Because of their sheer size, buses have the potential to cause considerable damage when they crash. This is especially true when much smaller passenger vehicles—or pedestrians—are involved.
Thankfully, if you were struck by a school bus, city bus, or charter bus through no fault of your own, you may pursue compensation for the losses you incur. Before you can proceed with a claim, however, you’ll have to determine who was ultimately liable for the collision. When it comes to bus accidents, there are a number of parties that could be responsible.
In order for your legal team to determine liability, they will have to conduct a thorough investigation. Generally speaking, though, you’ll likely end up taking action against at least one of the following parties:
1. The Transportation Company
If the bus driver was at fault for the wreck, his or her employer will likely be responsible for the resulting damages. Companies are almost always liable for their workers’ behavior as long as they’re on the clock and acting within the scope of their employment.
2. The Municipality
If you were struck by a school bus or city bus, you may be able to seek compensation from the municipality. Unless the government relies on a private contractor for their transportation services, they can be held liable for any damages that occur.
Keep in mind that if this turns out to be the case, you’ll have to meet much shorter deadlines. In Michigan, for example, injured parties who want to take action against government entities have just 120 days to notify the appropriate agency. If the government denies their claim, they have two years from the date on which they were hurt to file a lawsuit.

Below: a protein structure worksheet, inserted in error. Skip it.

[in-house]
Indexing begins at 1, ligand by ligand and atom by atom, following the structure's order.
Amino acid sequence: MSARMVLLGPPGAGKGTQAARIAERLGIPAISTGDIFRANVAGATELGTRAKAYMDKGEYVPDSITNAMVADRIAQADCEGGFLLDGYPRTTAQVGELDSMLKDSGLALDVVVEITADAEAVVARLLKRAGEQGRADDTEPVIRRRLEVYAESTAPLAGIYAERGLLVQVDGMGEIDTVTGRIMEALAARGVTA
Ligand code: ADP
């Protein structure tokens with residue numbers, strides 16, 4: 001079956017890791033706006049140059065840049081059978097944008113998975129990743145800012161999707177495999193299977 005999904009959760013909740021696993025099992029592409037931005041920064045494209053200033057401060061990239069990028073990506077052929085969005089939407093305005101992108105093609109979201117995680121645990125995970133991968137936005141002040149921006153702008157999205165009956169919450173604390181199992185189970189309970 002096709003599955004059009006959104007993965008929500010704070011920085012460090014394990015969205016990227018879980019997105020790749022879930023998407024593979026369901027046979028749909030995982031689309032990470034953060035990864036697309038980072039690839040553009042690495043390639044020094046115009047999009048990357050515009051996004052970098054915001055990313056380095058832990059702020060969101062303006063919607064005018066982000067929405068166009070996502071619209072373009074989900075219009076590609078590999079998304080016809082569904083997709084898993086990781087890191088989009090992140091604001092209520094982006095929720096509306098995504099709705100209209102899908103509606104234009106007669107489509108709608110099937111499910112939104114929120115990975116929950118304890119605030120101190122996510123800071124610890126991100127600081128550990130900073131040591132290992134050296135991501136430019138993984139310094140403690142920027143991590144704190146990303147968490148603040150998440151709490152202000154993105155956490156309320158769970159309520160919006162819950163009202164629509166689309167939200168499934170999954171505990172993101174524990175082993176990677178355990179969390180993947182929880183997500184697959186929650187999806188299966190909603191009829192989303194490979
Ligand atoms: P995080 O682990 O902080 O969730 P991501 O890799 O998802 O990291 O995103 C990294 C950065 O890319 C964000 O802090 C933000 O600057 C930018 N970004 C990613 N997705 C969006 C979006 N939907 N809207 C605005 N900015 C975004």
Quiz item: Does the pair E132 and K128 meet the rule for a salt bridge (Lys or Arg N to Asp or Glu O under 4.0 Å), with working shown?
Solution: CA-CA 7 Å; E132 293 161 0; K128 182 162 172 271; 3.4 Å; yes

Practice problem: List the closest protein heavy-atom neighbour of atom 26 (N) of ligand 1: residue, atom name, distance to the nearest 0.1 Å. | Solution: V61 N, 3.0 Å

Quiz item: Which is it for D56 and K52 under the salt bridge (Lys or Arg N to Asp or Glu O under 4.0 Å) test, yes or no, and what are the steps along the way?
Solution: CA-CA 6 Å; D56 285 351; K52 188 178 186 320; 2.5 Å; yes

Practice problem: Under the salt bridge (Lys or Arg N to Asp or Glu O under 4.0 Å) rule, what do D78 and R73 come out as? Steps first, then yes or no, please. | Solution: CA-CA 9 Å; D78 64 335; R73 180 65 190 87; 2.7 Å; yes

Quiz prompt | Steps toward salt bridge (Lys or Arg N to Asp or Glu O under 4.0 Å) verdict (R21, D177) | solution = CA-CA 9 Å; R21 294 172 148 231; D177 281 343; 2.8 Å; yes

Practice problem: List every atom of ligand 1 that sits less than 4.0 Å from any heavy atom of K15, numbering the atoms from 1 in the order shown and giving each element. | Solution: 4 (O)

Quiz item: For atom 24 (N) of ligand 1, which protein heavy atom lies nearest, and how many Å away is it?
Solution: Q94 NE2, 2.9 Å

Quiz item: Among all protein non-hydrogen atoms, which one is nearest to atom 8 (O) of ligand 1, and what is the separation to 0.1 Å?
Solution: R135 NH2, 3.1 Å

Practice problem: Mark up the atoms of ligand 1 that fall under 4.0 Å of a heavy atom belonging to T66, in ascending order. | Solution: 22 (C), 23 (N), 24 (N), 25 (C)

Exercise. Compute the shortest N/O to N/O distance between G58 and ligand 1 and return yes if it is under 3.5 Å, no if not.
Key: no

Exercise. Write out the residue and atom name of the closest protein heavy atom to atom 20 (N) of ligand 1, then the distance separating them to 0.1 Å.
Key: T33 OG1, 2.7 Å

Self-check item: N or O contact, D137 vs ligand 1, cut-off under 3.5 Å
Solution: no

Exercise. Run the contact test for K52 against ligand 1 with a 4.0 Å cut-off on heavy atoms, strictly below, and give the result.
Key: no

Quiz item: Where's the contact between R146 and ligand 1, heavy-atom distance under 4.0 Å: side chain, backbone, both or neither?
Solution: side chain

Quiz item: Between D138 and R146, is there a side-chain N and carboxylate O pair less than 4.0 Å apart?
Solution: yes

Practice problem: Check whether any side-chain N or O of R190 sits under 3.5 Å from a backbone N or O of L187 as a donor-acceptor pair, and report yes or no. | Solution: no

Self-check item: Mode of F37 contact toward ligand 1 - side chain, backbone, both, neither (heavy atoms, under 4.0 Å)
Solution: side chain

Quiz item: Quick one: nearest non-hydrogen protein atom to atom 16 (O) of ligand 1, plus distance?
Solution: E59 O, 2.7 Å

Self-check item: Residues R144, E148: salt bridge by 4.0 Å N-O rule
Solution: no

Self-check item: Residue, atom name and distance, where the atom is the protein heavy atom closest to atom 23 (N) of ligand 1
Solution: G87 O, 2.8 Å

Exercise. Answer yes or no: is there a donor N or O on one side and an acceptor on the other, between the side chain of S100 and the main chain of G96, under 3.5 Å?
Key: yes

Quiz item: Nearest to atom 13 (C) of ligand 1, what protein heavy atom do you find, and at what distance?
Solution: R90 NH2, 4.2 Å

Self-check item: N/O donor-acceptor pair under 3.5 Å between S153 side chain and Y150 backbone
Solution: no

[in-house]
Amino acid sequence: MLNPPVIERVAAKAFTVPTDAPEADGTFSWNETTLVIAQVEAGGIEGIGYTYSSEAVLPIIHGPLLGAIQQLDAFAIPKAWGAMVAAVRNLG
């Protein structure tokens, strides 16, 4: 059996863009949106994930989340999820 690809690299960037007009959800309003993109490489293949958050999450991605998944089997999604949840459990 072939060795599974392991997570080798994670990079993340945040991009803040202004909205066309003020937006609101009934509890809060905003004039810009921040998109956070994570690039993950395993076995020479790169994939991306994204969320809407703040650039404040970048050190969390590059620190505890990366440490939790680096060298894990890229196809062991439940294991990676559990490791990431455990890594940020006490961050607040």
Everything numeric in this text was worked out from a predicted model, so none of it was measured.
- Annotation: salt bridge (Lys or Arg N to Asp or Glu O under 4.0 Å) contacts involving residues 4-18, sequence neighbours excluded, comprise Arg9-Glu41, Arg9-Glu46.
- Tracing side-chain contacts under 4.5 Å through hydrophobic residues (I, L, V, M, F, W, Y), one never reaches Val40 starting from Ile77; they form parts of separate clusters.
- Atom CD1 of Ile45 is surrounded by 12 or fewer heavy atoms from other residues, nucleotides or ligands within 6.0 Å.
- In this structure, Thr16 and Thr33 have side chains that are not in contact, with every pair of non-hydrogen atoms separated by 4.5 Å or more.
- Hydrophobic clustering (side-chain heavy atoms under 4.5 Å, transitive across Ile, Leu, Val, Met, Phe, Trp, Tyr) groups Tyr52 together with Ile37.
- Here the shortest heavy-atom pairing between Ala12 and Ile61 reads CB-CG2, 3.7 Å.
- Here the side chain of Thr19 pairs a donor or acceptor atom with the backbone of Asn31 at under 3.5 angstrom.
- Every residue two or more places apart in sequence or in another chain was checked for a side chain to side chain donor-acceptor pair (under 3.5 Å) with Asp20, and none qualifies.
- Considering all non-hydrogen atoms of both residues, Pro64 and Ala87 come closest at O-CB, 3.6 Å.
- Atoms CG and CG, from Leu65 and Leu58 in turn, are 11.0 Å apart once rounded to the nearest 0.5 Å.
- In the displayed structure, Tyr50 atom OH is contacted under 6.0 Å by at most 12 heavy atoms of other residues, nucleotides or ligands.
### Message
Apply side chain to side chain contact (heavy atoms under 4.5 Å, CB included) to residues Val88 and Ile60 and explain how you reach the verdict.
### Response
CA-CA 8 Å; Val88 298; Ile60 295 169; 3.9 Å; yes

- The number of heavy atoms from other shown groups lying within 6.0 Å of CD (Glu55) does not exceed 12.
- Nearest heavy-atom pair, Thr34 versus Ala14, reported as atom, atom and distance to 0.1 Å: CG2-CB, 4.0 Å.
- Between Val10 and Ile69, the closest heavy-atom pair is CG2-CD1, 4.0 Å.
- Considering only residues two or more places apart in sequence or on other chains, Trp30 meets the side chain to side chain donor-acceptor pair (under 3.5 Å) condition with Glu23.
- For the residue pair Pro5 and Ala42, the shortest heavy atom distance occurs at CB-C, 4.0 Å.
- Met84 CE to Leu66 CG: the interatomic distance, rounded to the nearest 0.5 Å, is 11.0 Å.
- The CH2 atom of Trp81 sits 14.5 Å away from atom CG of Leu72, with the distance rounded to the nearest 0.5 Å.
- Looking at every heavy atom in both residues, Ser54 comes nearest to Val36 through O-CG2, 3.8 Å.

3. A Maintenance Contractor
If the mechanic responsible for maintaining the fleet failed to do so adequately, they may be liable for any accidents attributed to malfunctions. It’s worth noting, however, that if the transportation company was aware of the issue prior to the collision, they could shoulder at least some of the blame.
4. A Manufacturer
If the bus crashed because of a defective component, the manufacturer could be found at fault for the wreck. Since holding a major corporation financially accountable is inherently challenging, though, it’s wise to consult a personal injury attorney who’s well-versed in product liability law before proceeding.
5. Another Motorist
Sometimes, bus accidents occur because other motorists aren’t paying attention. If another driver caused the collision, you may file a third-party claim with his or her insurance carrier—as long as you sustained a “serious impairment of body function.”
Call (248) 385-5704 to Discuss Your Case with a Detroit Bus Accident Attorney
At Seva Law Firm, we’re acutely aware of the physical, emotional, and financial toll that a bus accident can take on the whole family. If you or someone you love was struck by a bus, we’ll help you compile the proof needed to prove liability against all at-fault parties. Call (248) 385-5704 or fill out our Contact Form to schedule a free consultation with a bus accident lawyer in Detroit.